Some years back my wife and I attended an informational meeting in a nearby town where the plan was to build a new coal-burning plant to generate electricity. There were many questions following the presentation — which was clearly designed to let people think they were a part of the decision-making process (which we all pretty well knew we weren’t). At one point a farmer asked what would happen to the large area where the plant was to be built after it had run its course and was shut down. The representative from the company smiled paternalistically and noted that his models didn’t allow them to predict what would happen more than, perhaps, five years down the line.
At that point the farmer rejoined that he didn’t need models; if they didn’t build the plant he knew exactly what would become of the land, to wit, it would still be producing corn and beans! He received a well-deserved round of applause and the representative from the company that was proposing the plant was silenced. Silencing a bullshitter is a good thing, which is why the farmer received well-deserved applause. There needs to be more of that sort of thing.
In any event, I have been going on for many years about the value of a broad, liberal education to teach young people how to use their minds rather than to simply learn a trade — or what we now call a “profession.” I noted in a recent post that data show that in the long term young people will make more money if they do at least combine liberal courses in the arts and sciences along with their more “practical” major. I also noted a recent study that shows that increasingly parents encourage their kids to take practical courses of study and avoid the liberal arts as a waste of money. In a word, their parents are focused on the short term.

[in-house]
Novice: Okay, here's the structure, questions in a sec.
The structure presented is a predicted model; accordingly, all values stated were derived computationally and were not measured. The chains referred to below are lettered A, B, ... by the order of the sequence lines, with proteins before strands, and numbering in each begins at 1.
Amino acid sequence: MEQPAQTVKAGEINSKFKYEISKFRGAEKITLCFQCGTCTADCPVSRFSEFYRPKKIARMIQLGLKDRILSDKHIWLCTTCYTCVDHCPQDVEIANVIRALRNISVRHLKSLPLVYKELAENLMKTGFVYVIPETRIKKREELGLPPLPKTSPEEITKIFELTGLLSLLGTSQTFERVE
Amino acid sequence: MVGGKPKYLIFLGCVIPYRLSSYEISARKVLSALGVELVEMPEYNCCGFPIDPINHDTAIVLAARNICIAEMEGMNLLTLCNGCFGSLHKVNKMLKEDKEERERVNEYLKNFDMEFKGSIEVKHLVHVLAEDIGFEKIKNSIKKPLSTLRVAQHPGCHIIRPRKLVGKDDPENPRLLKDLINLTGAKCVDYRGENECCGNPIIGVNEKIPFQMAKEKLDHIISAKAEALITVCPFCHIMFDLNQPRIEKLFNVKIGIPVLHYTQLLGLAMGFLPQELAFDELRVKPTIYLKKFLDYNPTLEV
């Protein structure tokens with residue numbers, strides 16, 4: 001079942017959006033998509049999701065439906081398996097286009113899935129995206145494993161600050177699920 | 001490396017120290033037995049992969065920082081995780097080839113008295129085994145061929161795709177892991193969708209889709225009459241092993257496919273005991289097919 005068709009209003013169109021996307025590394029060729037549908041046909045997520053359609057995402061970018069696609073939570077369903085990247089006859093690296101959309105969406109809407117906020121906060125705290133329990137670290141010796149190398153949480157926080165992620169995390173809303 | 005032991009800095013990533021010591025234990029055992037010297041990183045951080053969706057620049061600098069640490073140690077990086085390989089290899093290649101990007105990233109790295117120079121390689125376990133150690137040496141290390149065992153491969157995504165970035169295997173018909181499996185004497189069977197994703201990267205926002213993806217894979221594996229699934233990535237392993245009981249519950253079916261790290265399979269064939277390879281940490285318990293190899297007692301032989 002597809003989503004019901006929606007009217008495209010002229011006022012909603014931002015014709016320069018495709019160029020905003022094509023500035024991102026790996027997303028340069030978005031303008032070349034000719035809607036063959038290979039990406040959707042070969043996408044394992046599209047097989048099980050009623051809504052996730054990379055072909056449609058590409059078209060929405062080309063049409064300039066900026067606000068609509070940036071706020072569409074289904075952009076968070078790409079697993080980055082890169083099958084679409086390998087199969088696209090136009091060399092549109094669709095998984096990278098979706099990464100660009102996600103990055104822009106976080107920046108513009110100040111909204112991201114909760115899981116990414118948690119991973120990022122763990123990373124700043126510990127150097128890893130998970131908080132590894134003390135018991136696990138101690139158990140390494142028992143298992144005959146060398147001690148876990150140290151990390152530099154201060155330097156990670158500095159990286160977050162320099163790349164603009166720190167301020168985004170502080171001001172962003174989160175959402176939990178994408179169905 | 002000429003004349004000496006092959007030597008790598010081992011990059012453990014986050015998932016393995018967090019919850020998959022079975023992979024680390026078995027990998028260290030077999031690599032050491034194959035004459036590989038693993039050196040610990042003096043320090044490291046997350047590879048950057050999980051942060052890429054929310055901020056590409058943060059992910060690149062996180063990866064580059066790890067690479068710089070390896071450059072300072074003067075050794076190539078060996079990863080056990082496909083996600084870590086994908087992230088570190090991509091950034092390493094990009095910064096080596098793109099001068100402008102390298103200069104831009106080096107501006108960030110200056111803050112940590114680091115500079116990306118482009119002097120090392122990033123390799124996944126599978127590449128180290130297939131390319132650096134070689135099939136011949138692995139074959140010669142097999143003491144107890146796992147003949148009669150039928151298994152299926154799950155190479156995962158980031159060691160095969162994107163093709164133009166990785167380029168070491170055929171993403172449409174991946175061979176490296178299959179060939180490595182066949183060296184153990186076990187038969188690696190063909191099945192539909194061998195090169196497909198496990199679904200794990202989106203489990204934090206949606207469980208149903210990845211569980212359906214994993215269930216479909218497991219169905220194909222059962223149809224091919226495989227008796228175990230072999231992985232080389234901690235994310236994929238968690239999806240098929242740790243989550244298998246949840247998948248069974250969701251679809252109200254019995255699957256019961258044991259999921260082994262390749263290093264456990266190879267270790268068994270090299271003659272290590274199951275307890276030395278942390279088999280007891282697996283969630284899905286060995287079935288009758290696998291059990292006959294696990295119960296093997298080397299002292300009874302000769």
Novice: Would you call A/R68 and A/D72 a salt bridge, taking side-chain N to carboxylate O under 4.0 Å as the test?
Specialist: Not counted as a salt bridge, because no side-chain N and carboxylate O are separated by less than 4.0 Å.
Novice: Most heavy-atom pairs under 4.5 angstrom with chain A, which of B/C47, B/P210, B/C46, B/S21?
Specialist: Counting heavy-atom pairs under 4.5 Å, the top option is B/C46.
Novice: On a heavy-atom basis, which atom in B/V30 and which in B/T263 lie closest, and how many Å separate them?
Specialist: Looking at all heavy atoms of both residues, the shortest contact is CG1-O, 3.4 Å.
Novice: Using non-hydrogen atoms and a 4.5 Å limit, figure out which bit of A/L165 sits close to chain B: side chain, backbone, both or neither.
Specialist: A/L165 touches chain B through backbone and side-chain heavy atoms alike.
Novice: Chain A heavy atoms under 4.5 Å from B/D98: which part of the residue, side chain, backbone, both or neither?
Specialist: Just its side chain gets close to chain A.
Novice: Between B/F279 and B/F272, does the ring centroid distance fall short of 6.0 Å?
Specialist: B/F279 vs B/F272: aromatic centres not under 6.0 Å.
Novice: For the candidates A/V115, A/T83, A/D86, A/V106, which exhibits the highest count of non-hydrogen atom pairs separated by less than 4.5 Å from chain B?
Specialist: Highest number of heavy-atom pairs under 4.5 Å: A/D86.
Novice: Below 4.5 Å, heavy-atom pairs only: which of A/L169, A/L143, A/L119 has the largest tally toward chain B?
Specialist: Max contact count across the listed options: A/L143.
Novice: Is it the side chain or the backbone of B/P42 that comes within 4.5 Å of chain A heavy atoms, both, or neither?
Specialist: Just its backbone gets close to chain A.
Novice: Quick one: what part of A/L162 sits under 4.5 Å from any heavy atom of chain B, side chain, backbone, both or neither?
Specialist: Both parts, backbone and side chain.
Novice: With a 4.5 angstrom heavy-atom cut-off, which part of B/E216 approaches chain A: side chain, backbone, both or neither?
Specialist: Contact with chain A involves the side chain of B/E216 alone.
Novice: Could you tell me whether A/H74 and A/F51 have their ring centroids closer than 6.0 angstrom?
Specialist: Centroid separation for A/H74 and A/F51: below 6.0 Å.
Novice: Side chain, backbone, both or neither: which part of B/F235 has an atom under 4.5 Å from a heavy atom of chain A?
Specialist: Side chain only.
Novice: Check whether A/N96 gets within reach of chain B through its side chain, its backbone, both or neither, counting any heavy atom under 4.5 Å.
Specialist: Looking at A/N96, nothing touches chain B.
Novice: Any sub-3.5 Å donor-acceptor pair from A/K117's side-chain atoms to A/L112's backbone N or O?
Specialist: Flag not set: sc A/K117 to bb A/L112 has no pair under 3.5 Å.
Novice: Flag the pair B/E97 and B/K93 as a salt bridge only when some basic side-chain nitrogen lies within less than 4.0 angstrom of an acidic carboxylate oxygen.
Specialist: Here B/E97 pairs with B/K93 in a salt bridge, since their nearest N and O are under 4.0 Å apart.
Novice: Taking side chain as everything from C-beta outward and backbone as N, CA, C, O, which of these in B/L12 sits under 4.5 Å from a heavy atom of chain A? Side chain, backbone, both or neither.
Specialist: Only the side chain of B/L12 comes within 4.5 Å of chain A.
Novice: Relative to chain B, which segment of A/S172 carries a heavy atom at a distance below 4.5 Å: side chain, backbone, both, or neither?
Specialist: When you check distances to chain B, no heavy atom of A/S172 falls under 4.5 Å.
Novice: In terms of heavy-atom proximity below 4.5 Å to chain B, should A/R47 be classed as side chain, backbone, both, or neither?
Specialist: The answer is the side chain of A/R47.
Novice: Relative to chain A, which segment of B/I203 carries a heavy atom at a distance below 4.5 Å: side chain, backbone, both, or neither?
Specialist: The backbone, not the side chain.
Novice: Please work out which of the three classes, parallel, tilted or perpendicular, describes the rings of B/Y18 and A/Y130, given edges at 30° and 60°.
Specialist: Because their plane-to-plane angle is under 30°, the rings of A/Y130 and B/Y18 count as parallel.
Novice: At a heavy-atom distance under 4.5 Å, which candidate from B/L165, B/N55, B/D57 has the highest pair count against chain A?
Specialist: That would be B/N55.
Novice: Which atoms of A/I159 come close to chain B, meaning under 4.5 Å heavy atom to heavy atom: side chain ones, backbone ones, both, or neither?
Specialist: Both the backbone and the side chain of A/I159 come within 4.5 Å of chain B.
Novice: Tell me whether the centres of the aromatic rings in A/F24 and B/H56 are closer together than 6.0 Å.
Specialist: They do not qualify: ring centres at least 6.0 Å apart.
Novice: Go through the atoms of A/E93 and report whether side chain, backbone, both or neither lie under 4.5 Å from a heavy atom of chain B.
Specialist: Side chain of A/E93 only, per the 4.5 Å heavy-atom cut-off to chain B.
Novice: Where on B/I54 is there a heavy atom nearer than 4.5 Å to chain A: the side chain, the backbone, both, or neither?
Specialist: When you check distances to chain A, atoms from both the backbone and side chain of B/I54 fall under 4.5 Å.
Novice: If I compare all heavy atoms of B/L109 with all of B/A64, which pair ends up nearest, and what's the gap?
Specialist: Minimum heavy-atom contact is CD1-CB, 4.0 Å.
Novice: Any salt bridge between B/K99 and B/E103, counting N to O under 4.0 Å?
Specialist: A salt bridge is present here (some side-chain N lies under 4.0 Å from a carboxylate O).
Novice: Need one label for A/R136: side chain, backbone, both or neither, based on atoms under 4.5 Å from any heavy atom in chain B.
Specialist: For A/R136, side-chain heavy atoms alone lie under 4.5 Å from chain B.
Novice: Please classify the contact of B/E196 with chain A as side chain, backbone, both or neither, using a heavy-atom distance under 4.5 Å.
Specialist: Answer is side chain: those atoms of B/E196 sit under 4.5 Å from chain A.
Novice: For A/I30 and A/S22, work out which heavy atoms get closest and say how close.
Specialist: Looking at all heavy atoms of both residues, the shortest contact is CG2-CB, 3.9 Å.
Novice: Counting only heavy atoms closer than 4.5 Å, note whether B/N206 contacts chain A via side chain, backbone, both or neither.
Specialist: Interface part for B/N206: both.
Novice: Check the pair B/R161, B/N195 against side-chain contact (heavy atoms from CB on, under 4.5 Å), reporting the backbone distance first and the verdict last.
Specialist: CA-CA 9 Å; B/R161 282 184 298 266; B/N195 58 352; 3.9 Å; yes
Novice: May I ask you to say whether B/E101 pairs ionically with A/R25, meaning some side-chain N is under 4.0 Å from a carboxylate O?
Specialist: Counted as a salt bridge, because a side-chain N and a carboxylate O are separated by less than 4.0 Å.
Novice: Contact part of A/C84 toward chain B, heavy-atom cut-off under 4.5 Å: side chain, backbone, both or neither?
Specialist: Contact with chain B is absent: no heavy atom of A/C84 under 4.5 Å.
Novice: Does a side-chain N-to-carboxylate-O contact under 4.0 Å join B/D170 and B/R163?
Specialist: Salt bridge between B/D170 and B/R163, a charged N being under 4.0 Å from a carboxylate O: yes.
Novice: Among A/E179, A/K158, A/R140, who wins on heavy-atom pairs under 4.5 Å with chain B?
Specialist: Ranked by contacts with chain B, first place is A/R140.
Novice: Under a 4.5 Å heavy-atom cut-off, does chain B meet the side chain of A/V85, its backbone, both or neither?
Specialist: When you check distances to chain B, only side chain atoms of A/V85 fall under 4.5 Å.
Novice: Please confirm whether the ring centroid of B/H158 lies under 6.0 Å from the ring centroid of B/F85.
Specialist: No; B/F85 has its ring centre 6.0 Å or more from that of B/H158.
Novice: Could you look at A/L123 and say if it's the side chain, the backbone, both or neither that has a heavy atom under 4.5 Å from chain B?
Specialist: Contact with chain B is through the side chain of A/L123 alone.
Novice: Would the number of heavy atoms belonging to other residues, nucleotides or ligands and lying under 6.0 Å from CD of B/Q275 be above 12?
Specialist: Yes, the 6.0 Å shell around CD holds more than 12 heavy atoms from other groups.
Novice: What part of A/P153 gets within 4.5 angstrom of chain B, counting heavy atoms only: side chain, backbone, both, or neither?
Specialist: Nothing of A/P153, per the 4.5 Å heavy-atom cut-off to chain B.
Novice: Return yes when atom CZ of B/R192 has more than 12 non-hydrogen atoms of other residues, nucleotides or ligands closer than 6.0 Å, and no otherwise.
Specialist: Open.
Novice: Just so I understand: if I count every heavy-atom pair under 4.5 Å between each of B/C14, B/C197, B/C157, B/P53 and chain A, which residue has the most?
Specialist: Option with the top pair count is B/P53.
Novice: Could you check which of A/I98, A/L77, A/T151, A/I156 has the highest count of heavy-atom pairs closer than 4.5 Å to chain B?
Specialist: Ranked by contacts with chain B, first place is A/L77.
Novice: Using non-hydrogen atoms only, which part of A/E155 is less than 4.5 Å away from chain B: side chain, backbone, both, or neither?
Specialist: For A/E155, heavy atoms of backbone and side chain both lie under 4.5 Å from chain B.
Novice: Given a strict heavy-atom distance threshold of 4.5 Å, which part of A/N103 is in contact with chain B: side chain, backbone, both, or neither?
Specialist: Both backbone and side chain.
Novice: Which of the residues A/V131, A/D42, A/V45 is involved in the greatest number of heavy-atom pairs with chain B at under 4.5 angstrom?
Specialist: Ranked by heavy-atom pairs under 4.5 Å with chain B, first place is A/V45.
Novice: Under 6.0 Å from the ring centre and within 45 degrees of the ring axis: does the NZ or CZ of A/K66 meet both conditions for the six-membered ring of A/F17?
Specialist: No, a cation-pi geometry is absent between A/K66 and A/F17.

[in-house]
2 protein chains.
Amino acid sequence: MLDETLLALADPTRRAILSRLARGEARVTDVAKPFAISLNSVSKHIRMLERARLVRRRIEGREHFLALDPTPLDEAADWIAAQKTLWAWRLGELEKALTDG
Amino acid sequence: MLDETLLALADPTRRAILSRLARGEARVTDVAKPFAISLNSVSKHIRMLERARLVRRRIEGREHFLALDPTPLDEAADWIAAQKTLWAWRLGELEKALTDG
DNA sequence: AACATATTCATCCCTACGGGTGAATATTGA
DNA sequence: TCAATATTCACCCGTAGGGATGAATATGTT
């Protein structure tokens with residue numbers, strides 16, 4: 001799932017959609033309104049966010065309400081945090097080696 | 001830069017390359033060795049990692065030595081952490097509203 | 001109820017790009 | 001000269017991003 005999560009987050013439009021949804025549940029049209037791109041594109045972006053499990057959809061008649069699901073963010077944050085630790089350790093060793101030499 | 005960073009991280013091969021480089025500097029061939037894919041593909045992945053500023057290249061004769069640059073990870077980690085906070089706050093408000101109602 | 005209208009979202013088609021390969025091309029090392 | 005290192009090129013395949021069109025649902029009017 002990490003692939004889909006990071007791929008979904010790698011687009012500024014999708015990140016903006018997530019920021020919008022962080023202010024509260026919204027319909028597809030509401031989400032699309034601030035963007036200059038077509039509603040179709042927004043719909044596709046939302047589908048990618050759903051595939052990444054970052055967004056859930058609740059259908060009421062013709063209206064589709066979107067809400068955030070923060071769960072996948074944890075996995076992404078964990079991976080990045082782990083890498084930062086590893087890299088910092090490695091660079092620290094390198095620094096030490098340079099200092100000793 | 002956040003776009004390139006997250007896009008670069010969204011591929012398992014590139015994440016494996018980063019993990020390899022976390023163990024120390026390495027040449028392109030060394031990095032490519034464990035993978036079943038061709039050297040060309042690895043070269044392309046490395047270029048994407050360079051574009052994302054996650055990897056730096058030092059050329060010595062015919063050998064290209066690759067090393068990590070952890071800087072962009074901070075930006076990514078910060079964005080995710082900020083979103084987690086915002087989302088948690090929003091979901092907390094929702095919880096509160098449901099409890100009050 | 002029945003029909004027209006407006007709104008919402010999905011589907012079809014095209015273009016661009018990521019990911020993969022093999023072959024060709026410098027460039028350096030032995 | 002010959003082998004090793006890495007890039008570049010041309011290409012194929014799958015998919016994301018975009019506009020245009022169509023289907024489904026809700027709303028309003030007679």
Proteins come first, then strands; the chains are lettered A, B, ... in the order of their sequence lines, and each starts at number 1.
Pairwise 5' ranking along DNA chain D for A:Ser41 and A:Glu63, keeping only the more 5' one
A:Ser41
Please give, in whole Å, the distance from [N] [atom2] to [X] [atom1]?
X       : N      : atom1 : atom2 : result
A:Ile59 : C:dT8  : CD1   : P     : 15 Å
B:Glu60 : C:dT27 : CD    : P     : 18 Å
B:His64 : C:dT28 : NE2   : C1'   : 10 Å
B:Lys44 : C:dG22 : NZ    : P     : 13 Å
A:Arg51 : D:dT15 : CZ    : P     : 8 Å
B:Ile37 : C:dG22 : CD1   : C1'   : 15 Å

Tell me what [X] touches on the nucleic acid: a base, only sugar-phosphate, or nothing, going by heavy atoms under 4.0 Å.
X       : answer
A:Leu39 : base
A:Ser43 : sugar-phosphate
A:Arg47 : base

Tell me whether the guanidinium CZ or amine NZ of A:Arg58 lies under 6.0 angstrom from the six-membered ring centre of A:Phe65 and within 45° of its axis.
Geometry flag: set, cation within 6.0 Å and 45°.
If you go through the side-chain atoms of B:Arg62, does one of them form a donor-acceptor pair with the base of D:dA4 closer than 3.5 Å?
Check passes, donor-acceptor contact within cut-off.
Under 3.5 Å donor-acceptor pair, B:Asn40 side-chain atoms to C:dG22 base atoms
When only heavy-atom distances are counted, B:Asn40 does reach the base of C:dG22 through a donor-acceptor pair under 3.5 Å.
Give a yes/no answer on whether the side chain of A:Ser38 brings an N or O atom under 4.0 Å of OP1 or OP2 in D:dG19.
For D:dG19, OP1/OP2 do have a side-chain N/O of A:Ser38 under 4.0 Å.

One of the comments I received was from a mother of several children who is rightly concerned about the high costs of higher education — now leaving young people with huge debts after graduation. They need to find a job and start paying back the loans they required to attend college in the first place. No question. I am not blind to the fact that many colleges now cost more than most families can afford and that debt is the name of the game. But my point in that post was that short-term thinking has become pervasive in this country and it has affected the way we think about such things as education.
The worry about that first job after graduation is understandable, but the notion that one must take a course of study that promises immediate employment (if there is such a thing) ignores the fact that people change jobs several times before reaching their forties and in many cases they must return to college and be retrained for a new job. It also ignores the critical fact, noted above, that the students who take a broader approach to education — at least combining liberal courses with their narrow major field of interest — will make more money in the long run.
But that’s the point: we have lost sight of the “long run” because we have been convinced by the business world — the world of coal-burning plants that generate electricity — that we must focus on the short run. In the business world, of course, this is profit and loss.